Much has been written about the proposed federal shield law, the Free Flow of Information Act, by our president Dave Cuillier, by Lynn Walsh in the last issue of Quill, and by others.
It’s not a perfect bill.
An amendment by Sen. Dianne Feinstein defines a journalist as someone who is “an employee, independent contractor, or agent of an entity or service that disseminates news or information.”
This definition is a compromise between what journalism organizations and the sponsors and members of the Senate Judiciary Committee wanted. It’s certainly not as broad as we wish it were.
But it’s still a pretty good bill, and it’s better than anything we’ve seen out of Congress — ever.
Critics still say it’s just not good enough, that we should hold out for a more inclusive definition, that we can’t trust that the bill won’t be changed before it goes into law. But surely, if we’ve learned anything from the recent government shutdown, it’s that holding out for a perfect piece of legislation can hurt a lot of people — and leave egg on your face.
And with freedom of information legislation, wouldn’t we be blue in the face by now if we’d held our breath waiting for a perfect bill before getting behind it?
This proposed shield law is no different. It’s a starting place, not an ending place.
If ever our profession was held in high regard, now is not that time. By and large, the public doesn’t trust us (thanks, paparazzi and other unethical people!). By and large, politicians don’t trust us.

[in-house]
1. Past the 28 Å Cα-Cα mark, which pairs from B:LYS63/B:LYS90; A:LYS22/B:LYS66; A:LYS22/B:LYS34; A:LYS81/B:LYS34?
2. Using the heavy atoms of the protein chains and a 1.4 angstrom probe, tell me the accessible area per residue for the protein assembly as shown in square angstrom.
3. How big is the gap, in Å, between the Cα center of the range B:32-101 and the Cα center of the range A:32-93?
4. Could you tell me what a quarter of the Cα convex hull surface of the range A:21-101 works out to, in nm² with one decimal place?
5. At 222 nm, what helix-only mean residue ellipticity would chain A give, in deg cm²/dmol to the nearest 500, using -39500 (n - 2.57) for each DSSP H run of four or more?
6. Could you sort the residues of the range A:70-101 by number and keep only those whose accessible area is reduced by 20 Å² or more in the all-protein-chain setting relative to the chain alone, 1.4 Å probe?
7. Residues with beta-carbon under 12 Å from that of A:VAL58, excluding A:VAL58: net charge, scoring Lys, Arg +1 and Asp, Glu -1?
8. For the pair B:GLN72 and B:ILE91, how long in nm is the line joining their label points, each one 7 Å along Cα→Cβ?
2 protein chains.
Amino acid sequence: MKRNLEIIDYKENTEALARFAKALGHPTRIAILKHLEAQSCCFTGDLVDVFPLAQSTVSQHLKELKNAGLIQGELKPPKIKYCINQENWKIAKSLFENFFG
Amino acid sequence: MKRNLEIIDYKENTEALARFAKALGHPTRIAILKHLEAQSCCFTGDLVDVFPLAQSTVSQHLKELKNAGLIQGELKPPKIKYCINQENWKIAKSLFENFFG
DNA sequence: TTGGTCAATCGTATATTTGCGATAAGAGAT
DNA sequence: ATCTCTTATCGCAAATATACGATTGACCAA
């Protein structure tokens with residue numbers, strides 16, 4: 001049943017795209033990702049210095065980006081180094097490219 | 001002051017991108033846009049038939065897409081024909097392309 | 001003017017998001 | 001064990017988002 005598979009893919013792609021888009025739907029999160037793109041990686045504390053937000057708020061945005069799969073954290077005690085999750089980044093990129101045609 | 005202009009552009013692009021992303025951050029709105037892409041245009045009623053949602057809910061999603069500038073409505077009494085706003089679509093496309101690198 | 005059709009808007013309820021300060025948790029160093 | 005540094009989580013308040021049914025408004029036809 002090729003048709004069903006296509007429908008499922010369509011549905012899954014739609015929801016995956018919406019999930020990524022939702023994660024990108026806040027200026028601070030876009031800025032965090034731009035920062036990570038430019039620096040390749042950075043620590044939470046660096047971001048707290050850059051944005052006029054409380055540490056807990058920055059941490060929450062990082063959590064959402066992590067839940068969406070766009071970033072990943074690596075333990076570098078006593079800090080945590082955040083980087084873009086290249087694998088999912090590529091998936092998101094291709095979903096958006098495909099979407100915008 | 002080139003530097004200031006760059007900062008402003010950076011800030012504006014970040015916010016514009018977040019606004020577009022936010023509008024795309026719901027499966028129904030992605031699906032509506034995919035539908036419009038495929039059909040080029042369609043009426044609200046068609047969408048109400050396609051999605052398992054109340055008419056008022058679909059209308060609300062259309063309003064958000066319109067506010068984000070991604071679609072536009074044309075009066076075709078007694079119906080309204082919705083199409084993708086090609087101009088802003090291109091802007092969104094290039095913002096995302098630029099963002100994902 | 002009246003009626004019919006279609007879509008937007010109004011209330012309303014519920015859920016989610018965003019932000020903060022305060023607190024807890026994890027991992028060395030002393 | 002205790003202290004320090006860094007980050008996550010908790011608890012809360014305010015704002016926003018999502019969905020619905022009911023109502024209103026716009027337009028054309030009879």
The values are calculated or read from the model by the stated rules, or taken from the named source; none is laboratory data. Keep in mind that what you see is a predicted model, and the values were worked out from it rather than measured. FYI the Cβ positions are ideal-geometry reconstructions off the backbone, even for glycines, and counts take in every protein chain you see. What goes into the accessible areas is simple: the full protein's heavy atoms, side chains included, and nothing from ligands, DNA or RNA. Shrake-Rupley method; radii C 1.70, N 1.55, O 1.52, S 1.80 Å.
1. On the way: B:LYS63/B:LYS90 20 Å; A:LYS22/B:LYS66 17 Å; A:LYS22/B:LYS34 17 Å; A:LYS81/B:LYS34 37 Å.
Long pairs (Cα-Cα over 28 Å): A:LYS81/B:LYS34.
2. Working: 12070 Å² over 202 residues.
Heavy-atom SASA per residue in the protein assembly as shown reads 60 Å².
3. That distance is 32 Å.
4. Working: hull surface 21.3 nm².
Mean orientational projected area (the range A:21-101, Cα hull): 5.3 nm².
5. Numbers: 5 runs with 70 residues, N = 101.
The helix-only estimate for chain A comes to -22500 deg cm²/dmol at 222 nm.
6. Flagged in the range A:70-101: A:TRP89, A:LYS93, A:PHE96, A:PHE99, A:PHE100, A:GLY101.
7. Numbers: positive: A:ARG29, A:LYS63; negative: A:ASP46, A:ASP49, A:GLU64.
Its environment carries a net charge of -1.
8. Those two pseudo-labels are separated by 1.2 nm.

Which makes it all the more miraculous, all the more meaningful that sponsor Sen. Charles Schumer is willing to go to bat for us.
This law, if passed, may not help everyone it should, but it’s going to keep journalists out of jail who shouldn’t be there. And that’s certainly valuable.
Even if we journalists support the Free Flow of Information Act, it still has an uphill battle ahead of it to get passed. (And, to be sure, not all journalists think a federal shield law is a good idea.)
We at SPJ are pragmatists. Our profession has taught us to be. So we’re urging you, your colleagues, your friends, heck, even your grandma, to get behind the Free Flow of Information Act. Call or email your representative. Call or email your senator. Tell them why this law is so important. Appeal to their higher principles.
And spread the word. We have a good shield law page with some great information at on how to get involved. See SPJ’s shield law page. Read through the information there and then post a link on Facebook, tweet out the link to your followers, colleagues, friends, relatives — whoever you think will listen to you.
Because this bill has quite a climb ahead of it, and it’s going to need help from all of us to get the support to pass it into law.
Are you with us?
Linda Petersen is managing editor of The Valley Journals, a group of community papers in the Salt Lake Valley, Utah. She is president of the Utah Foundation for Open Government, the Utah Headliners chapter FOI officer, and national FOI Committee Chairwoman. Email her at firstname.lastname@example.org.